Remember the photos of caves you used to see in elementary school books? There were pictures of stalactites and stalagmites that looked fantastical. I never saw them in person but trusted that they existed somewhere in the world because my book told me so. Where exactly that location was, I couldn’t tell you. But, let me tell you (because now I know): it’s in southern of New Mexico! There’s a GIGANTIC cave system there called the Carlsbad Caverns. And it’s amazing. No, I take that back. Not amazing—

it’s a positively spectacular, awe-inspiring, magnificent, jaw-dropping
cave of wonders in the middle of the desert.

It’s one of the most beautifully decorated (meaning stalactites, stalagmites, columns, straws, etc.) caves and although it doesn’t hold any “biggest” or “longest” cave titles, it is breathtakingly large. I was walking around either with my mouth open in awe or with a smile for the entire 7 hours we spent there.

It starts with a museum/visitor’s center. There’s a short intro movie you can watch and then a couple exhibits to learn about the cave, how it was formed, and the bats that live there. There are two ways down into the cave: an elevator and to hike down the natural entrance. The elevator takes you straight into the heart of the cave and is the best option for leaving the cave. We opted for the natural entrance because we didn’t want to miss a thing!

There are signs along the path to give you a bit of info of what you’re looking at, but we also picked up an audio guide ($5) which went into more detail at each of those stops. Hiking down the natural entrance took us 1 hour. It’s possible to go quicker if you don’t stop to take as many photos as we do. 🙂

The natural entrance is part of the “self-guided” tour (included in the park entrance fee) and that’s where those signs come in handy—so you can learn about the cave as you go through it. The natural entrance leads you to a visitor’s center-like area inside the cave—complete with bathrooms and a gift shop. From there, you can start the self-guided Big Cave tour. It’s a BIG CAVE. You’ll keep thinking you’ve reached the big part of the cave, but then there’s more! It took us about 3 hours to get through it all! We couldn’t help stopping and shining our flashlight on things that weren’t lighted and admiring what nature has done over the past million years.

We ran into David, a retired hair stylist from L.A., a few times while wandering around and had some lovely chats with him. He recommended we do a ranger-guided tour of the King’s Palace. We decided to take his recommendation and were able to secure a spot on the next departing tour. (Note: It’s recommended to book tours in advance because they do fill up!).

On this tour and others, you get to see areas that aren’t included on the self-guided tour. They take you into parts of the cave that are otherwise blocked off to guests. We saw some really delicate and decorated rooms. It turns out, the guy who is credited with discovering the caves, Jim White, would name things for how they looked. So, for the King’s Palace, he noticed a formation that looked like a royal family in a room that he felt looked like a ballroom. Therefore, he named it the King’s Palace.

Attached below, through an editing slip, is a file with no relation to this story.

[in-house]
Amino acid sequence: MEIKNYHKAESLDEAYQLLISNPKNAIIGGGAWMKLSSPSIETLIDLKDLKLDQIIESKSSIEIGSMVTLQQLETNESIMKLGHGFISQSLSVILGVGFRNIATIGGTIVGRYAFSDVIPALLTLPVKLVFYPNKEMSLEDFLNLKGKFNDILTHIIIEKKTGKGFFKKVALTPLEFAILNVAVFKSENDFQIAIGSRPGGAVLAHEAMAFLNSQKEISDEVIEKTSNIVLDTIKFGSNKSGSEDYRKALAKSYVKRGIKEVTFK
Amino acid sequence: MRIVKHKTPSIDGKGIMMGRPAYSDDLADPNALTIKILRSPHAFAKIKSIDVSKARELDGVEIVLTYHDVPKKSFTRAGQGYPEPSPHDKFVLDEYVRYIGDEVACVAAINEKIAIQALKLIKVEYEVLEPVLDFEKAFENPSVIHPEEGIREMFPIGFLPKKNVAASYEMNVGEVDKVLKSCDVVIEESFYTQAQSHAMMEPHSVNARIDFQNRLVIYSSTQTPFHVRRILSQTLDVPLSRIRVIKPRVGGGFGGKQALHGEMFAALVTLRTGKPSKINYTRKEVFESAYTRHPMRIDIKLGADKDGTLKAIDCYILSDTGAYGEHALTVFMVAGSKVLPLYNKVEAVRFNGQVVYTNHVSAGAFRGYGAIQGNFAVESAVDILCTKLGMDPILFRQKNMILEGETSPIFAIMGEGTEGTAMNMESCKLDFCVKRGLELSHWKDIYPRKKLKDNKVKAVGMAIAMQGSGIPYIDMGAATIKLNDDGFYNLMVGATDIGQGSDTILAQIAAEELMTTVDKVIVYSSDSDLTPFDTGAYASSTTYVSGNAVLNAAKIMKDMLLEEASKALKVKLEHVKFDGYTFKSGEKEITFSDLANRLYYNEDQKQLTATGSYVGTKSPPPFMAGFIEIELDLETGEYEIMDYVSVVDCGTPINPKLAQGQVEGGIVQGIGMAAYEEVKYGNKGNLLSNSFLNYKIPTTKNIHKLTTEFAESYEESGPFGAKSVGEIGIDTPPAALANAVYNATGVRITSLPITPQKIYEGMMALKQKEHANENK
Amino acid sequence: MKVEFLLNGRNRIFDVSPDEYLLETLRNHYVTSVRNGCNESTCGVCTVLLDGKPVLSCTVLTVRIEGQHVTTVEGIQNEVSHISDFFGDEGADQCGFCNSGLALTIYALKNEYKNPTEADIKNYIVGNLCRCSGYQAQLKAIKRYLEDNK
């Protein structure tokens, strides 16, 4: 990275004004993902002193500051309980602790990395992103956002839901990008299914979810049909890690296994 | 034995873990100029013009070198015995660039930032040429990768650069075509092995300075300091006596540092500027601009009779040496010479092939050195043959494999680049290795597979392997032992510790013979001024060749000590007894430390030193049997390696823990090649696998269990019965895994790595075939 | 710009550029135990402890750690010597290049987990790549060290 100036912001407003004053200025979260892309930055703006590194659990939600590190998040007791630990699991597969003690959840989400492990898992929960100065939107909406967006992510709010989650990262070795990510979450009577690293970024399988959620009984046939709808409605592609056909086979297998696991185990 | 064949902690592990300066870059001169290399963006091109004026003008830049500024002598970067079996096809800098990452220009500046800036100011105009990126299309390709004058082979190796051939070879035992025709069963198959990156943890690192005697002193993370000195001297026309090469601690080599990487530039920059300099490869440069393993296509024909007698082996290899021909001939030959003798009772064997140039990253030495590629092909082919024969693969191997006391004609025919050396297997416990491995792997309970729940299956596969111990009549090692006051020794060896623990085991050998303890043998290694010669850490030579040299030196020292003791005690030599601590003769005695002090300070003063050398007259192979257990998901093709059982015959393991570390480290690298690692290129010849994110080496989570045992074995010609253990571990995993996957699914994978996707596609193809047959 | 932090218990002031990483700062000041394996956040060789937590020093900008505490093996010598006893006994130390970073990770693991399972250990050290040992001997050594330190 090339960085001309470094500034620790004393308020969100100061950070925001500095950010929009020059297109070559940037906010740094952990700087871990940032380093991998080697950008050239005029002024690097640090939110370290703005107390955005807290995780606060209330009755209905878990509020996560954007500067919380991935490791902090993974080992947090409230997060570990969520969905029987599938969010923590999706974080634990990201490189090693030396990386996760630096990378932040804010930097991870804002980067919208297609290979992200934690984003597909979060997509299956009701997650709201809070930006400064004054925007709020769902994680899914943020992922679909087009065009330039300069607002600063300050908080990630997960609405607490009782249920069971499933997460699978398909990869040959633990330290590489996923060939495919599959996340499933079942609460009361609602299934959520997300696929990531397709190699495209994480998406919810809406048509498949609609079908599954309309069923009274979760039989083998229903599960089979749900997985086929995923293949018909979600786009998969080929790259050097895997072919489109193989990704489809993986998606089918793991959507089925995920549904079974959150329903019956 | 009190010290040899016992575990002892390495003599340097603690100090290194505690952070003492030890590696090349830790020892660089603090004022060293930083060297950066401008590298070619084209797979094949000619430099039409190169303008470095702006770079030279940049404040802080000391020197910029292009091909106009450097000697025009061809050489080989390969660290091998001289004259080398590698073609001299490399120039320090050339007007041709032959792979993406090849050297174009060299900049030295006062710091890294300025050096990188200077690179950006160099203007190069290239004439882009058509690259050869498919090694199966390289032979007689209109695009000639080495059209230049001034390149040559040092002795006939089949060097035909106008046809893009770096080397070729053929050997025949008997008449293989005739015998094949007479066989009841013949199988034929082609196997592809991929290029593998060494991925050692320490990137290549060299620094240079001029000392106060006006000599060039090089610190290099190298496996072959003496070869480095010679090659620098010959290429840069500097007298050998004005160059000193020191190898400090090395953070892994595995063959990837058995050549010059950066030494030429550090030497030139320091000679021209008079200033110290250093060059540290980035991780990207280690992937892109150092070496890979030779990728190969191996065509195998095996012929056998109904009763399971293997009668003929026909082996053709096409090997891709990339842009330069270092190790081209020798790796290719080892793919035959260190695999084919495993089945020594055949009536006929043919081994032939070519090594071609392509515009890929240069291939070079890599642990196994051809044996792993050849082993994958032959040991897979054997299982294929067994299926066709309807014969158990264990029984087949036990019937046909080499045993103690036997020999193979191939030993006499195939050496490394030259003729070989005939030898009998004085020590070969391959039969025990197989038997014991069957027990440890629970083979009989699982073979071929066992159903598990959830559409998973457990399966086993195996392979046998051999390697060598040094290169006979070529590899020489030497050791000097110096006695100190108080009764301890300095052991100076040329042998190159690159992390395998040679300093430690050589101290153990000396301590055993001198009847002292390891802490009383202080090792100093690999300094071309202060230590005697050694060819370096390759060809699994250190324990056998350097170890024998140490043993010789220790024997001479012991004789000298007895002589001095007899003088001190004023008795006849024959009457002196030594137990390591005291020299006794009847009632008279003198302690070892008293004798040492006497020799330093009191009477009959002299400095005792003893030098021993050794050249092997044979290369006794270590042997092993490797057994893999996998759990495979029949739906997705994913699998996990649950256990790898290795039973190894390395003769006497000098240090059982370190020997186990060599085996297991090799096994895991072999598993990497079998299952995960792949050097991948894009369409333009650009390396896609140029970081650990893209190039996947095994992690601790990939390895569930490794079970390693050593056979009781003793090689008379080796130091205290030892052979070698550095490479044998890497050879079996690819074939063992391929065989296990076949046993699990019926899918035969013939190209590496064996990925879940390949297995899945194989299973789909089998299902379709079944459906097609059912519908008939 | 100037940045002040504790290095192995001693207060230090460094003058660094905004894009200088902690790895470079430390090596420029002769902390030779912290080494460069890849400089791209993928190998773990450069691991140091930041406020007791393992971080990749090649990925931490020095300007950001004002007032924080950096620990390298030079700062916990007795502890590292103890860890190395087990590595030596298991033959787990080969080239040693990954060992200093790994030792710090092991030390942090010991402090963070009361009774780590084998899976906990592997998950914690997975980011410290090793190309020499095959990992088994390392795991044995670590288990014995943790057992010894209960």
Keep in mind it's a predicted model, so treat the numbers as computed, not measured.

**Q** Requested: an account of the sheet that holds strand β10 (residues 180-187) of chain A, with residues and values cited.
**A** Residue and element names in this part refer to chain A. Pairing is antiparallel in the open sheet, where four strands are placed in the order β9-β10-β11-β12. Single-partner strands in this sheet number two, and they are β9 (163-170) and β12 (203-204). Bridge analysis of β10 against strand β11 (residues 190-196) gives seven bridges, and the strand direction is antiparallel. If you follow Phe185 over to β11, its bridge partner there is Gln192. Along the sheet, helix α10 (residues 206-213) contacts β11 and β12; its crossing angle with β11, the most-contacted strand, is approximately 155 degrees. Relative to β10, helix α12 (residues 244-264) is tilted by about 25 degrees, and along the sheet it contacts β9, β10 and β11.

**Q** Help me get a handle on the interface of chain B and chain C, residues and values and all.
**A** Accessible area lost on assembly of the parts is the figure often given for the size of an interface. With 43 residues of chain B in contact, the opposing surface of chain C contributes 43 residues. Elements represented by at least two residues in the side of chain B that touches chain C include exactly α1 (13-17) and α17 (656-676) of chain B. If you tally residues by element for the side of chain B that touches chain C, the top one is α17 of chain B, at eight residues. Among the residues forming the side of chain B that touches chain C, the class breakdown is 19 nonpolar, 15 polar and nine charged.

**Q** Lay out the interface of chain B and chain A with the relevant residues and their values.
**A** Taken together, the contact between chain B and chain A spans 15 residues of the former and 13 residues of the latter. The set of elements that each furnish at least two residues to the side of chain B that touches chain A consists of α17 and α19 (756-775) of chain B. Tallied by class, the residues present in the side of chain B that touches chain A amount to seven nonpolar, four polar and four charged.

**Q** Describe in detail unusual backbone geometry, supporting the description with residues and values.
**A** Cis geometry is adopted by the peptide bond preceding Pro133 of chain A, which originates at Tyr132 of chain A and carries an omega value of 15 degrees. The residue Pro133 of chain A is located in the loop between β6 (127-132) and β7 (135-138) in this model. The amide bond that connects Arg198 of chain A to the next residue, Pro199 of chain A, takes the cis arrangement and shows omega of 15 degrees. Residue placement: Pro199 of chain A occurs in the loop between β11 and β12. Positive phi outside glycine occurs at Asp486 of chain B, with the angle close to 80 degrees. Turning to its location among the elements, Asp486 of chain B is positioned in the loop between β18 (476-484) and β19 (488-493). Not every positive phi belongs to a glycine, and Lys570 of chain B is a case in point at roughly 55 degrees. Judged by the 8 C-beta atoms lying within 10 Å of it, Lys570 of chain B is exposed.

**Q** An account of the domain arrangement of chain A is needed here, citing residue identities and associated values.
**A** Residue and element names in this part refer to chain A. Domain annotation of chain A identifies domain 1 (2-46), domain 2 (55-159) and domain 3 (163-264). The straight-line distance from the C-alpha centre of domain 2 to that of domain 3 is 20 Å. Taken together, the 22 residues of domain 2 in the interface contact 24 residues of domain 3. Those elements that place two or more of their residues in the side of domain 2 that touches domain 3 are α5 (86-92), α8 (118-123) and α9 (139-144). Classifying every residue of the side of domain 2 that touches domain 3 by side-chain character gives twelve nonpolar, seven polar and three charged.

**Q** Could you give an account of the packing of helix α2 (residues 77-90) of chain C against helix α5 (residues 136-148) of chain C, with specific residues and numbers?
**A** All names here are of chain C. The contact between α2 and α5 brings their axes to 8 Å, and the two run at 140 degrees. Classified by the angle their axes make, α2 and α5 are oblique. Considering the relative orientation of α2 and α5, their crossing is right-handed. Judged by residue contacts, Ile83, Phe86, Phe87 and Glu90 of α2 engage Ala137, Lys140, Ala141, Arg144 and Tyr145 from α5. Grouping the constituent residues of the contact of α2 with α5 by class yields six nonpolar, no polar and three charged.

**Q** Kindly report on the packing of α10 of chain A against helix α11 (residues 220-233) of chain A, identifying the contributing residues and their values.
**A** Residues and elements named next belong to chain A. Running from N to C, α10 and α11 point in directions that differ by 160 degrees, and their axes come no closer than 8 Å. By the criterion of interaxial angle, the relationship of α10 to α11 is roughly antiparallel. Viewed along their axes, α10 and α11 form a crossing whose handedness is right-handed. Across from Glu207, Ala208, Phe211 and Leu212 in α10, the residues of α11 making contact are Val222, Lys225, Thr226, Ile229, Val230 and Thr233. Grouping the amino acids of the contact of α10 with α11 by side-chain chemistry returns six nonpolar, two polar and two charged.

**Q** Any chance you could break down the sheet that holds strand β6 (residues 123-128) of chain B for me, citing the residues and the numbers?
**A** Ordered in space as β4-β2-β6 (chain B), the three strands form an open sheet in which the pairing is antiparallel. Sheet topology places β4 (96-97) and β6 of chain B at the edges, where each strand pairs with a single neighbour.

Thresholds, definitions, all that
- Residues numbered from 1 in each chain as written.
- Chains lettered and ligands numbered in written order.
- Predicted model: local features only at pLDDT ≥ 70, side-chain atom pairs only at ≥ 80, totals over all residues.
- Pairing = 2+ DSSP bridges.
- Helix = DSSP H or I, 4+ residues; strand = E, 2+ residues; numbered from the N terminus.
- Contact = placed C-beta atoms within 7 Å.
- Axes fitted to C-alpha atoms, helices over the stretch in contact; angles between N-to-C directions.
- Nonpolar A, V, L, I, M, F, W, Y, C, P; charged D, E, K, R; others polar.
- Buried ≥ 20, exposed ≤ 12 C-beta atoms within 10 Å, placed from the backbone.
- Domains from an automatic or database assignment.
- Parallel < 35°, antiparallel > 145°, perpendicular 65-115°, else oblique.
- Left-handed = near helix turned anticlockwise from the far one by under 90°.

We planned to spend half a day at Carlsbad Caverns based on a recommendation that we’d need a few hours. I mentioned earlier that we spent 7. SEVEN. This cave (not really literally) blew our minds! We would have stayed longer if they didn’t have a closing time. Our recommendation is to spend at least a day there, if not longer. Because we had to be at our Airbnb at a certain time (and we already pushed it back when we spent extra long at the caverns), we also had to skip out on the summer-only activity of witnessing all the bats leave the cave for the night. David spoke very highly of this experience, so we were a little bummed to miss it. However, our day at the caverns did not disappoint in any way, shape, or form. Because there were tons of forms. Weird, million-year-old forms. 😉

Here are a couple of things that we learned on our visit that we can pass on to you:

  1. Dress in layers and/or wear some warm clothing—it’s much cooler than the desert above ground.
    Bring some layers. Brian was prepared, but I went in leggings and a sweatshirt and found myself a little chilled at points. If I could go back, I would’ve chosen jeans instead.
  2. You can’t eat on the cave trails, BUT you can bring food in with you.
    We were told we couldn’t eat in the cave at all…that was incorrect. They have an area called the Lunchroom where you can eat. You cannot, however, eat anywhere else in the cave. If you plan to spend an entire day below the surface of the earth and don’t want to waste time taking the elevators out of the cave, pack a sack lunch and eat it in the Lunchroom!
  3. Bring a flashlight with you.
    The entire cave is well lit. Beautifully lit actually—the lighting was designed by a Broadway lighting guy. But, you are in a cave—it’s not like they light it up like normal building. Many of the lights are spotlights to highlight certain areas of the cave. If you bring a flashlight into the cave with you, you can light up anything that want! If an area is pitch black, light that baby up! We use a small and portable tactical flashlight that allows us to see more detail when things are further away.

Enjoy your visit! And let us know about the bats if you get to see their majestic cave exit!

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